The percentage of homicides occurring each week of infancy varied (Figure). The first peak occurred in the first week of life, when 3.9% of all homicides occurred. A second peak occurred at week 11. Among the 111 infant homicides that occurred during the first week of life during 2008–2017, 73.0% occurred within the first 24 hours of life, and approximately two thirds of those infants (65.4%) were born at a residence.
Most (92.4%) homicides occurred among infants who were too old for Safe Haven relinquishment at the time of their deaths; however, there was no obvious association between infant homicide rates and Safe Haven age limits (Table 2). For example, the infant homicide rates in states that limit relinquishment to ≤7 days and ≤14 days were 7.0 and 9.4 per 100,000 person-years, respectively. Conversely, the infant homicide rate for states that limit relinquishment to ≤45 days compared with ≤60 days was 10.6 and 7.3, respectively.
In this study, the overall infant homicide rate (7.2 per 100,000 person-years) represented a 13.3% decrease from the 8.3 rate reported during 1989–1998 (3). Maternal characteristics associated with infant homicide included young age, being unmarried, having lower educational attainment, having a nonhospital birthing, Black race, and AI/AN ethnicity.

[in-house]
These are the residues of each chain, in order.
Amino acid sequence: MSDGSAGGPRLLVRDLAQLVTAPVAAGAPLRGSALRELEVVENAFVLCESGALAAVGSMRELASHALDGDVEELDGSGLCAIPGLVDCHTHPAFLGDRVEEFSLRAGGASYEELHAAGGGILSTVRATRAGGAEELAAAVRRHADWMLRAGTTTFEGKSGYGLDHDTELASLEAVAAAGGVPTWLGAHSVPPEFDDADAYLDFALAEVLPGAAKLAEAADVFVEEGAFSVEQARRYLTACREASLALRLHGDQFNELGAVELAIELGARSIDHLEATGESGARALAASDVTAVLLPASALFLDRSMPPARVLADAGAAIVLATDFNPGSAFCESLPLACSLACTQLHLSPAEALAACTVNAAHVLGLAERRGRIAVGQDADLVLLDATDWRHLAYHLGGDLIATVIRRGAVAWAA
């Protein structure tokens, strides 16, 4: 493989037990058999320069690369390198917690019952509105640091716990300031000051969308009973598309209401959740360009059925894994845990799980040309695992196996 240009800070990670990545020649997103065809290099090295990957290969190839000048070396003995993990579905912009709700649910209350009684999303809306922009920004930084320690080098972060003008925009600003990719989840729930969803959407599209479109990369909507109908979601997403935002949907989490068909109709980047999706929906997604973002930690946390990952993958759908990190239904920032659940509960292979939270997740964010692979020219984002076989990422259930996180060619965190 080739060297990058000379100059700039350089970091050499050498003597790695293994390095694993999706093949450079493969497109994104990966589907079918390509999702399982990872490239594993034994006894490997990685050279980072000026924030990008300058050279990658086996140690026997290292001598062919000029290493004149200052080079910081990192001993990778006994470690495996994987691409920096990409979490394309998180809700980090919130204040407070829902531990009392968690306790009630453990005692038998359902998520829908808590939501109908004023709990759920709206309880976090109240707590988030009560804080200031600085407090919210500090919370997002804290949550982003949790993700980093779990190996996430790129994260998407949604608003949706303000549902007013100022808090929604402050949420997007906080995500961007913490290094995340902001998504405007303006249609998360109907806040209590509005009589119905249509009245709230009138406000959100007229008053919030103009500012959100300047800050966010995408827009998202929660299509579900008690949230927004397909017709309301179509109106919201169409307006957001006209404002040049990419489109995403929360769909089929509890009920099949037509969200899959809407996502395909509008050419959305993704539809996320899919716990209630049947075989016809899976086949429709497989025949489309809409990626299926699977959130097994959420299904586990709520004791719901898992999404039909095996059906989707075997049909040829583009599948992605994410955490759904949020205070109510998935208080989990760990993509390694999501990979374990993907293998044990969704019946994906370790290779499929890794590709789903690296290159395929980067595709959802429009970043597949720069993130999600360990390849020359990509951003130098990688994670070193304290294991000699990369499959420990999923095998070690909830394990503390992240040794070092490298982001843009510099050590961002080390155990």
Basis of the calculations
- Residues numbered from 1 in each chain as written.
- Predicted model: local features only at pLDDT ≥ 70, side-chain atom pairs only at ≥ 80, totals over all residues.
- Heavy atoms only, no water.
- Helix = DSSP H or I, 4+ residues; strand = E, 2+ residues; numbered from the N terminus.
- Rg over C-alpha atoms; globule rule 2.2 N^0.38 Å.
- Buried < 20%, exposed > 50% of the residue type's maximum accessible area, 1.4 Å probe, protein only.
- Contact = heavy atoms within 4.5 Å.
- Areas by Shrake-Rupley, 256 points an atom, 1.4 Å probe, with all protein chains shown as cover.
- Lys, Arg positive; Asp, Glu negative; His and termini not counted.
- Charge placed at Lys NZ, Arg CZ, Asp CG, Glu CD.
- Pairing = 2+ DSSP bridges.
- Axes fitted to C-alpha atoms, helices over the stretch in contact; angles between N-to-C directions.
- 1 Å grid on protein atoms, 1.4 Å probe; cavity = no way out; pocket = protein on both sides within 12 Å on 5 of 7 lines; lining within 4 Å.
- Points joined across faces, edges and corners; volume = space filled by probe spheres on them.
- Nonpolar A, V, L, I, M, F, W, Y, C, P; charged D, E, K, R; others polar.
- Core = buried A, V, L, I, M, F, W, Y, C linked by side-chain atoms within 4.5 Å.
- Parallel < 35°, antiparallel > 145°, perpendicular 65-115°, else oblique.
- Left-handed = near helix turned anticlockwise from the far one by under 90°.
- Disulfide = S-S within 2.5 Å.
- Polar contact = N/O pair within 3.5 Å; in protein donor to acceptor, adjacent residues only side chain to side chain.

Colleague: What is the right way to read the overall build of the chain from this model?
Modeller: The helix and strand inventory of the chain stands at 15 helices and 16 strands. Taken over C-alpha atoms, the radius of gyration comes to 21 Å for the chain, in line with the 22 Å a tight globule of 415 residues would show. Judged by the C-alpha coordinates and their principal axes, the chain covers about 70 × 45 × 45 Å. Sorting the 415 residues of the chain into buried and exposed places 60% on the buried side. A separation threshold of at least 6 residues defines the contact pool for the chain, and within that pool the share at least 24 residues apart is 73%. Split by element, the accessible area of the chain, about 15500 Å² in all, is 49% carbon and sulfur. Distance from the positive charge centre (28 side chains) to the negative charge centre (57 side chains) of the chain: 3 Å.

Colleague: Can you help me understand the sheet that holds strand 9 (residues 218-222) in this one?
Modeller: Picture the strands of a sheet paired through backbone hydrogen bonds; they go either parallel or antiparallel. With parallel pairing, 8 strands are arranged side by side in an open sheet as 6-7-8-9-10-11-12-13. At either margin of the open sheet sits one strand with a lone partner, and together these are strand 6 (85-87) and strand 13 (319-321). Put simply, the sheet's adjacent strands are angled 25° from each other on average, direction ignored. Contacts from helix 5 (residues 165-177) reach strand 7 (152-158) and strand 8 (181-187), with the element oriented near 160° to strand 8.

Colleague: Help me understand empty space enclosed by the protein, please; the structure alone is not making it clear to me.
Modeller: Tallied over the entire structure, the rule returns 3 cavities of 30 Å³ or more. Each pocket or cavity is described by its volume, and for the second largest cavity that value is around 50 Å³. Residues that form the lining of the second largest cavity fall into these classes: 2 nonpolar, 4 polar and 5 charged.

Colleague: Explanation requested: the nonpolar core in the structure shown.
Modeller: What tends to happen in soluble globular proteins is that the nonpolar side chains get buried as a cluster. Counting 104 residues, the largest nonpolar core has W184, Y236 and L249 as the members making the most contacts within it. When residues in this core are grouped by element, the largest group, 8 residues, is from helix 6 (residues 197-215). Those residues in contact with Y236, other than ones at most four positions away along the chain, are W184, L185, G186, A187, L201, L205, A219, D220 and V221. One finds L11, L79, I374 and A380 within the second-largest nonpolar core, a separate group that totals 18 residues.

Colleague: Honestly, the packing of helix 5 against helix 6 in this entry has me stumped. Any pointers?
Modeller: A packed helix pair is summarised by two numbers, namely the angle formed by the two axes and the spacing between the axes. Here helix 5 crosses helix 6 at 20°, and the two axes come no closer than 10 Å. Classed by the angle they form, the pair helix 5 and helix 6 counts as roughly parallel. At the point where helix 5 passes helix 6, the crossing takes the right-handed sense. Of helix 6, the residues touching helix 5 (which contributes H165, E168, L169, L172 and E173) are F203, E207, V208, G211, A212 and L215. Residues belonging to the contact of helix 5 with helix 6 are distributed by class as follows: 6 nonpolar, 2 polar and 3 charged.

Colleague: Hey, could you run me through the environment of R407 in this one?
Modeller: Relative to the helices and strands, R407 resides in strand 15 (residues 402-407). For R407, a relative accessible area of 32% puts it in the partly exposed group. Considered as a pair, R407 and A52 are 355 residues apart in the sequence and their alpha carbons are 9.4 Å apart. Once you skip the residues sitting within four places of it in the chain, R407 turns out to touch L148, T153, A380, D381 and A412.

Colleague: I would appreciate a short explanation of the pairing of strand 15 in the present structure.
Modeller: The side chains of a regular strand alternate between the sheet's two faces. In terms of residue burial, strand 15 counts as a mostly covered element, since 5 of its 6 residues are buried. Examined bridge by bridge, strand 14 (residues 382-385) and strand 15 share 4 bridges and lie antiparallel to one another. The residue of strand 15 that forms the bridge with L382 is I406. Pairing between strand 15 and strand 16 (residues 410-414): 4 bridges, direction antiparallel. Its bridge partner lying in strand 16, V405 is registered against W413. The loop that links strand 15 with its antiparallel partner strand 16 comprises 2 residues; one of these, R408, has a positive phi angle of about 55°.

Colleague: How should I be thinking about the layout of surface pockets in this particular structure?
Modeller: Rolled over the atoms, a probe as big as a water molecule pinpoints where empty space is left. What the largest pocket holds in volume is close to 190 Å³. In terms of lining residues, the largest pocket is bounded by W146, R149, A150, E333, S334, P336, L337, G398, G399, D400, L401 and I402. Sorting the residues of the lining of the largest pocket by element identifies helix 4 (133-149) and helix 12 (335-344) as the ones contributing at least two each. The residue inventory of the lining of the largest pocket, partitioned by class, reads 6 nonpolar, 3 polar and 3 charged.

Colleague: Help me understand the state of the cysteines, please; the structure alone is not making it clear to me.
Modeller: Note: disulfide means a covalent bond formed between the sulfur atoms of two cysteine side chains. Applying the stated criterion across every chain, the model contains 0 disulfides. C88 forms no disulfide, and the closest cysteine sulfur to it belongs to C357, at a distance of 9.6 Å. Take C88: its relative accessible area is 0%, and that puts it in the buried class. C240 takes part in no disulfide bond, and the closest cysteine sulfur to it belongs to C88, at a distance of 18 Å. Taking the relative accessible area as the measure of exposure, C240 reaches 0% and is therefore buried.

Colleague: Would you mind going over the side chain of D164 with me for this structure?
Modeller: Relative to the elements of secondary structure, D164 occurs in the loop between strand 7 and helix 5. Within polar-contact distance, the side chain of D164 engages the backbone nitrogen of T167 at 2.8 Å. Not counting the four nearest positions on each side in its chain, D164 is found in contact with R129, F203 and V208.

Among infants, the highest risk for homicide is on the day of birth. The rate on the day of birth in this study (74.0 per 100,000 person-years) represented a 66.7% decrease from the rate of 222.2 during 1989–1998 (3), but the rate on day of birth was still at least 5.4 times higher than the rate at any other time during life. Infant homicides occurring on the day of birth are primarily perpetrated by young, unmarried mothers with lower education levels who do not seek prenatal care; these homicides often are associated with concealment of an unintended pregnancy, and giving birth at a residence (2). After the first day of life, an infant homicide might occur within the context of young parental age, caregiver frustration, maternal mental illness, removal of an unwanted child, or abuse or neglect; depending on the context, the homicide might be perpetrated by the mother (2), mother’s male companion, or the biologic father of the infant (6). The presence or absence of these factors is important when assessing safety and quality of the infant’s home environment. Racial disparities in infant homicides might be attributed, at least in part, to the fact that Black and AI/AN families are more likely to experience sociodemographic disparities and poverty compared with White families (7). Circumstances of poverty (e.g., inadequate resources for childcare, housing, and food) might make parenting difficult (7). In addition, the association between infant homicide and Safe Haven age limits did not follow a linear pattern of risk, suggesting that rates cannot be explained by Safe Haven age limits, but might be related to other factors (e.g., maternal age or unintended pregnancy) (2). Given that most (92.4%) homicides occurred among infants who were too old for Safe Haven relinquishment at the time of their deaths, states are encouraged to evaluate the effectiveness of their Safe Haven Laws and other prevention strategies to ensure they are achieving the intended benefits of preventing infant homicides.